When Steven was diagnosed 10 years ago, we had 2 Cocker Spaniels who would lick his pillow like it was a ham bone.  I even documented in in my post back in 2011 called HEAD GRAVY.  Zoey and Maritza have been pillow licking constantly since the summer, and when we got the puppy, she just went right for his head.  So even though I told Dr. Lynch he should get a few of his grad students on the job of researching this theory, I want to go on record as being the one to get the ball rolling.  I guess I still need applause!

So with all that being said, I can now tell what the dogs are going after.  Cancer STINKS!  And now even I can smell it.  We are changing the sheets and pillowcases more frequently than a 5 star hotel.  And it’s scaring the crap out of me.  If my husband needed chemo in a big way when the dogs were sensing it, WTF must it be like and how bad must it be if I can smell it?  I’m not trying to be gross, really!  It’s not that Steven isn’t clean, because even though he doesn’t have the energy to stand in the shower, we’ve put one of those pathetic nursing home seats in there so he can just sit under the pounding water like he’s a jalopy in a car wash.  So he’s clean.  And if his energy is so low that he can’t even stand in the shower, you’ve got to know that he’s not working up a sweat doing home improvement projects.  As a matter of fact, his only exercise is walking to the refrigerator to get more ice water.  And if he’s feeling particularly energetic, he’ll grab something for lunch.

But at night he sweats.  Mostly just his head.  It’s like the cancer is trying to let off steam through his hair follicles.  And in the morning, his whole side of the be smells like a yuk I can’t even describe.  It’s like a metallic-y, polyester-y formaldehyde, subway grate steamed sauerkraut burp smell that just overtakes the atmosphere.  And I suppose that’s quite yummy to the creatures of God’s earth who like to lick their own butts.  But to me, in every way possible, CANCER STINKS!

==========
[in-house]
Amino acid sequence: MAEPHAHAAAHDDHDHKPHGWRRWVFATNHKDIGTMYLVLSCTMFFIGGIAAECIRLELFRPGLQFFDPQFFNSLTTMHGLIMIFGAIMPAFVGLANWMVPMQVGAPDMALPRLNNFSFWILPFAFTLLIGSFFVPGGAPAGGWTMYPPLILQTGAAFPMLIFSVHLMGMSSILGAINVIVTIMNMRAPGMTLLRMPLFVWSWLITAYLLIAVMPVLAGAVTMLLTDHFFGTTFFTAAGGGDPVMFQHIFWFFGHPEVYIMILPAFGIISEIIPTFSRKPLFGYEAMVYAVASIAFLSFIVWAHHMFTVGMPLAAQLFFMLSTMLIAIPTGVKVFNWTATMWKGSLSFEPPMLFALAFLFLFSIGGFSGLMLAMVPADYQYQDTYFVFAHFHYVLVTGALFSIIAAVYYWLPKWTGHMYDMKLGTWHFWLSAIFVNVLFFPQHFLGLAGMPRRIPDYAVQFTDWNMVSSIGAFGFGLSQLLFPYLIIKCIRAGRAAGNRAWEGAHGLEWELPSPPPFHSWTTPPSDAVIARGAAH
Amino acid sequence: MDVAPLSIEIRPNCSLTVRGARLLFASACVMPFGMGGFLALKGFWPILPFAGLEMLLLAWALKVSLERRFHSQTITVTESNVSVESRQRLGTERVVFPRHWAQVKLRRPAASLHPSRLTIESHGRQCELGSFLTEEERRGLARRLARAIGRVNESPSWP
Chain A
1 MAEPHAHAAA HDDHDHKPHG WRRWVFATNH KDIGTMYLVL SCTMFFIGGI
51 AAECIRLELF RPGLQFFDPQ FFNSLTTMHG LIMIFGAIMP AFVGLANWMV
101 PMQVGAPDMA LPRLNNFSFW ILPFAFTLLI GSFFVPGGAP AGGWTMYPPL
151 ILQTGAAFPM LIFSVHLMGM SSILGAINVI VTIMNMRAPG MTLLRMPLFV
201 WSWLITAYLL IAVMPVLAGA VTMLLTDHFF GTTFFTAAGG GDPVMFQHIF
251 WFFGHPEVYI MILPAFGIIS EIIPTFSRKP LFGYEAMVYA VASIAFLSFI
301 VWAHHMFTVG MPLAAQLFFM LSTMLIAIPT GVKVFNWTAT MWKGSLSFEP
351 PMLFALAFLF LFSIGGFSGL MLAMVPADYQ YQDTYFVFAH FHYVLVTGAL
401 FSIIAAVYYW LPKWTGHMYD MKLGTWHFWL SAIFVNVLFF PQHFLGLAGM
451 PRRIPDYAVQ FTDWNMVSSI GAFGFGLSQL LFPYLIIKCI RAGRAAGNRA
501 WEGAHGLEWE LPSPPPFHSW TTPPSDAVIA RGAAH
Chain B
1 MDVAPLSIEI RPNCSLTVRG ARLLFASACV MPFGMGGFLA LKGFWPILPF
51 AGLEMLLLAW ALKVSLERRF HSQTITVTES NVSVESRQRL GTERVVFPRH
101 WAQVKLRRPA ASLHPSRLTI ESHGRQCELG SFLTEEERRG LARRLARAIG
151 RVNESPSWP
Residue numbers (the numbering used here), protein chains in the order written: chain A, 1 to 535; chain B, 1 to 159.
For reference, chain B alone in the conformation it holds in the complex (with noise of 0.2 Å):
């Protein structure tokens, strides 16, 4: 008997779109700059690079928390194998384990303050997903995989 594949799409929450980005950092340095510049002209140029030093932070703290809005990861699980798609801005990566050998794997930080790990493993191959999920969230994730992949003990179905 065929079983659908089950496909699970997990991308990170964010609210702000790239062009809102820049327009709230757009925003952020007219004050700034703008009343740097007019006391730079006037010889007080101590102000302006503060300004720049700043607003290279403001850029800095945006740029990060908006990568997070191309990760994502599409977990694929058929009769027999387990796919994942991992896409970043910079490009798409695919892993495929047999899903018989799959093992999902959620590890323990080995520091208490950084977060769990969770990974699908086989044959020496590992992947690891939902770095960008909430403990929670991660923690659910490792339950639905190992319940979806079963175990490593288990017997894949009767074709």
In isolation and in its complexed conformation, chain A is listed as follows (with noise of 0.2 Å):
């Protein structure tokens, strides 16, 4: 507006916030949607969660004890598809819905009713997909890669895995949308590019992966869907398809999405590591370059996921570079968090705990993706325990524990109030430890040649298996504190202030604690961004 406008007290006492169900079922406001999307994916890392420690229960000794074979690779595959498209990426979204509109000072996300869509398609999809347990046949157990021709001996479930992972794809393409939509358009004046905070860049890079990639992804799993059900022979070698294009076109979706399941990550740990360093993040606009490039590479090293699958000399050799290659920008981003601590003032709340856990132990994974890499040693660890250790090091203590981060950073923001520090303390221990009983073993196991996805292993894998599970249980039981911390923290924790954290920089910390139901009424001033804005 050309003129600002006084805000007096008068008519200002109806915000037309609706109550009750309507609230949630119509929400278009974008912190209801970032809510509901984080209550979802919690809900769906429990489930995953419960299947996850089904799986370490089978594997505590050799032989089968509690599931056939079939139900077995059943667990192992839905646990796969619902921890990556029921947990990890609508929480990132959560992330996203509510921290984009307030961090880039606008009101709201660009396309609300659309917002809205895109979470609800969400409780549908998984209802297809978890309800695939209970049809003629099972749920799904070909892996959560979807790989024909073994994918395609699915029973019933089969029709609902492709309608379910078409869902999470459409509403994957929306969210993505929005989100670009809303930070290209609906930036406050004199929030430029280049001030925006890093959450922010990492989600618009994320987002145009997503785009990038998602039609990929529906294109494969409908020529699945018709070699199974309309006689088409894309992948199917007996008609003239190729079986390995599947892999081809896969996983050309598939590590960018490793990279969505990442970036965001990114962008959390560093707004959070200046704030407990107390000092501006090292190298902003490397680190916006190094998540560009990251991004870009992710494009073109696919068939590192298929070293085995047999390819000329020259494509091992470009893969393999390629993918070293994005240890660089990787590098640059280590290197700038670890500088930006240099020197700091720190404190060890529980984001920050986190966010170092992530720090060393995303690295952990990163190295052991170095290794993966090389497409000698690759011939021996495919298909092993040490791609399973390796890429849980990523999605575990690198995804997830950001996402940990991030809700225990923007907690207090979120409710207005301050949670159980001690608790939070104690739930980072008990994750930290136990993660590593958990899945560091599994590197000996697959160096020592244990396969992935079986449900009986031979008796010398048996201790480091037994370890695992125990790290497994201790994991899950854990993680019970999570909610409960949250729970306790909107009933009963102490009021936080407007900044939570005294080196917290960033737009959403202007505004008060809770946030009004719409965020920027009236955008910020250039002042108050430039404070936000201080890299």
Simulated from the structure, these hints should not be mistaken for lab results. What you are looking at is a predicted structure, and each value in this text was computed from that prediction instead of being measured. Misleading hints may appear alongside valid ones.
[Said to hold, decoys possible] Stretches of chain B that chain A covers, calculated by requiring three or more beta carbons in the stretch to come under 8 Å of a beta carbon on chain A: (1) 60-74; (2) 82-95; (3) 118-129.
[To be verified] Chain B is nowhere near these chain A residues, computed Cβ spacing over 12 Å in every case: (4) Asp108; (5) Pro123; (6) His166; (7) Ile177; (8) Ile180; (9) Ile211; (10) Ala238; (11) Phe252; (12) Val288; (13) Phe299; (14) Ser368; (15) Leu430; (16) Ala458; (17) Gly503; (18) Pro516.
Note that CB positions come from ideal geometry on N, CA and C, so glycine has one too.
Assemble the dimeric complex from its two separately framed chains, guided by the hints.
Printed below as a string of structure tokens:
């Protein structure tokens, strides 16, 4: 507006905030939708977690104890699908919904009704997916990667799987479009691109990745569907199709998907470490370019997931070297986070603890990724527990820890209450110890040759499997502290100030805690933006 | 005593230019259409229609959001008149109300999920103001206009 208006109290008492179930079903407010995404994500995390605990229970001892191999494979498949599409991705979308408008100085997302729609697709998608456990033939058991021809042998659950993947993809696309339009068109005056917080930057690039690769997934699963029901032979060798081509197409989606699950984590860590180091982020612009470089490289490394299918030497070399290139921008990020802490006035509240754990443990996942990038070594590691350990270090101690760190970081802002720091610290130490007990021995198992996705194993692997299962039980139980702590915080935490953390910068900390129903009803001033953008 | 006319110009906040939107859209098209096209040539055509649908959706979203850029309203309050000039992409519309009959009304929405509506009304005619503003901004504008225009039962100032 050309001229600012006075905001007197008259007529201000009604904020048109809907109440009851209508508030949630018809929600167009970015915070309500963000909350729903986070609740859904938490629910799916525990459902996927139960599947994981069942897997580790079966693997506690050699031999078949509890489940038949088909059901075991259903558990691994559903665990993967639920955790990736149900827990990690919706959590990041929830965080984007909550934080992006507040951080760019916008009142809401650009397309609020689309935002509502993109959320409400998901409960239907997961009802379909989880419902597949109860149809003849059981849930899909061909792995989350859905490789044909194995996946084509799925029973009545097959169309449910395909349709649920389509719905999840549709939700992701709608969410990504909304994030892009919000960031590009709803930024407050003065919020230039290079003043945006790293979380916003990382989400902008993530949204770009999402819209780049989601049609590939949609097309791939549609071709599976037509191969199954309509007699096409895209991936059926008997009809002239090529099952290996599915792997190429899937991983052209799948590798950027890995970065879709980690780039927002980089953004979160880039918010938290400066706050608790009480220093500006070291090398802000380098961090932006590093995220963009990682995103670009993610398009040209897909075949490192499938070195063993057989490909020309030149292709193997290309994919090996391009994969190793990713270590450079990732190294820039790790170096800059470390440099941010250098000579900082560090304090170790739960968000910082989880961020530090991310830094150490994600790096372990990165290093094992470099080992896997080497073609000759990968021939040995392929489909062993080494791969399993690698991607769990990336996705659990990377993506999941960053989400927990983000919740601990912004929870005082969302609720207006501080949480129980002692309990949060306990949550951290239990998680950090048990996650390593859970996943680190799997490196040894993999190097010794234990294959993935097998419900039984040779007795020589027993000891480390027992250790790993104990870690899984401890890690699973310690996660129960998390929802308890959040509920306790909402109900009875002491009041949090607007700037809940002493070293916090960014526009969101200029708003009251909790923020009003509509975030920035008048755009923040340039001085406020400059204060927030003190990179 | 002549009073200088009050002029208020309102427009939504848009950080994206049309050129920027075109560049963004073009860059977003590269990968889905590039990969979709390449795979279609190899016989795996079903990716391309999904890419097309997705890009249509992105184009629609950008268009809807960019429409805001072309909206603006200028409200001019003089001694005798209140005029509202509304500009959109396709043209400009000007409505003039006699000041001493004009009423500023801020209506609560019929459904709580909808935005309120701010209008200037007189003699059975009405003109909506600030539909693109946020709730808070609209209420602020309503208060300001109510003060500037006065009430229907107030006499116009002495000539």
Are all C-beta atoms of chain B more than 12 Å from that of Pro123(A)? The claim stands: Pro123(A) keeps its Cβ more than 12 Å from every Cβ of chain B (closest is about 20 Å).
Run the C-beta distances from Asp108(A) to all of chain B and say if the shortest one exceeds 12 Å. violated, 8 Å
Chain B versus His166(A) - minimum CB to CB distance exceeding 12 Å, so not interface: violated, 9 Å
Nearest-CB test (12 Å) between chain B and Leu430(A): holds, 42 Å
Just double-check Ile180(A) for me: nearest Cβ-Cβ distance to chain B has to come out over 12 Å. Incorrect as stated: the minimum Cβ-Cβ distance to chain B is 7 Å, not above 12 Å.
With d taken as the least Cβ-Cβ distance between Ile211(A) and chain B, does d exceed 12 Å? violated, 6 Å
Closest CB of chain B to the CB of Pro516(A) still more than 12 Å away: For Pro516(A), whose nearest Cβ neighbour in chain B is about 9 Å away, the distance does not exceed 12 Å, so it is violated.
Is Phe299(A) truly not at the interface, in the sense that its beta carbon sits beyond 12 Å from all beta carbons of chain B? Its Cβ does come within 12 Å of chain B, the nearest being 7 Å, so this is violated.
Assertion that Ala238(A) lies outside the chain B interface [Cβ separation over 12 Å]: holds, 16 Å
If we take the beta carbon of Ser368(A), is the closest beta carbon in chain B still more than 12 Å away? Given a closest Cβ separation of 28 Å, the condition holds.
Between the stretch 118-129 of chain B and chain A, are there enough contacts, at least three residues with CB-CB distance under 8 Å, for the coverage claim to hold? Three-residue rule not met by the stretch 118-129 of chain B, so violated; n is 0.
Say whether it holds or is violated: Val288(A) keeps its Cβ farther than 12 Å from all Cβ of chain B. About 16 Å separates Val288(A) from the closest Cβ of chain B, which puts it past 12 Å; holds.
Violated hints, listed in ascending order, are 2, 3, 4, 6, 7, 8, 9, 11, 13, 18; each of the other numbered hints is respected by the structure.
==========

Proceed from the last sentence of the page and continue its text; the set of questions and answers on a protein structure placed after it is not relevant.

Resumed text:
Is there anyone one else out there who smells it too?

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Here We Go!

Cancer Hospital exterior Today was the day!  Steven finally scored the appointment we have been awaiting.  It’s too bad it had to be at 8 AM, but we were not going to miss it no matter what.  So our alarm went off at the butt crack of dawn, which is a very dark time.  We managed to get out of the house by 4:45 AM so we could drive the 179 miles to Gainesville, FL to meet with Dr. Lynch.

It was an eerily easy trip.  There wasn’t much traffic but there was enough fog to make most of the drive seem like driving into a dream.  We listened to talk radio until the station I prefer started to get that static-y sound that starts when you’re going out of range.  And then we drove in silence.  Not in a bad way, just in a way that is really odd for us.  And then we were there…on time.

It looked the same as it did the last time we saw Dr. Lynch, 10 years ago.  It was all coming back to me, only this time I was noticing other things.  I noticed that I should put Steven’s handicap placard in my car so I can park closer next time I bring him.  I noticed that last time I didn’t think there would be a “next time.”  Whereas this time I hope there are a LOT of “next times.”  And I noticed that as we walked into the building, last time we were nervous, too.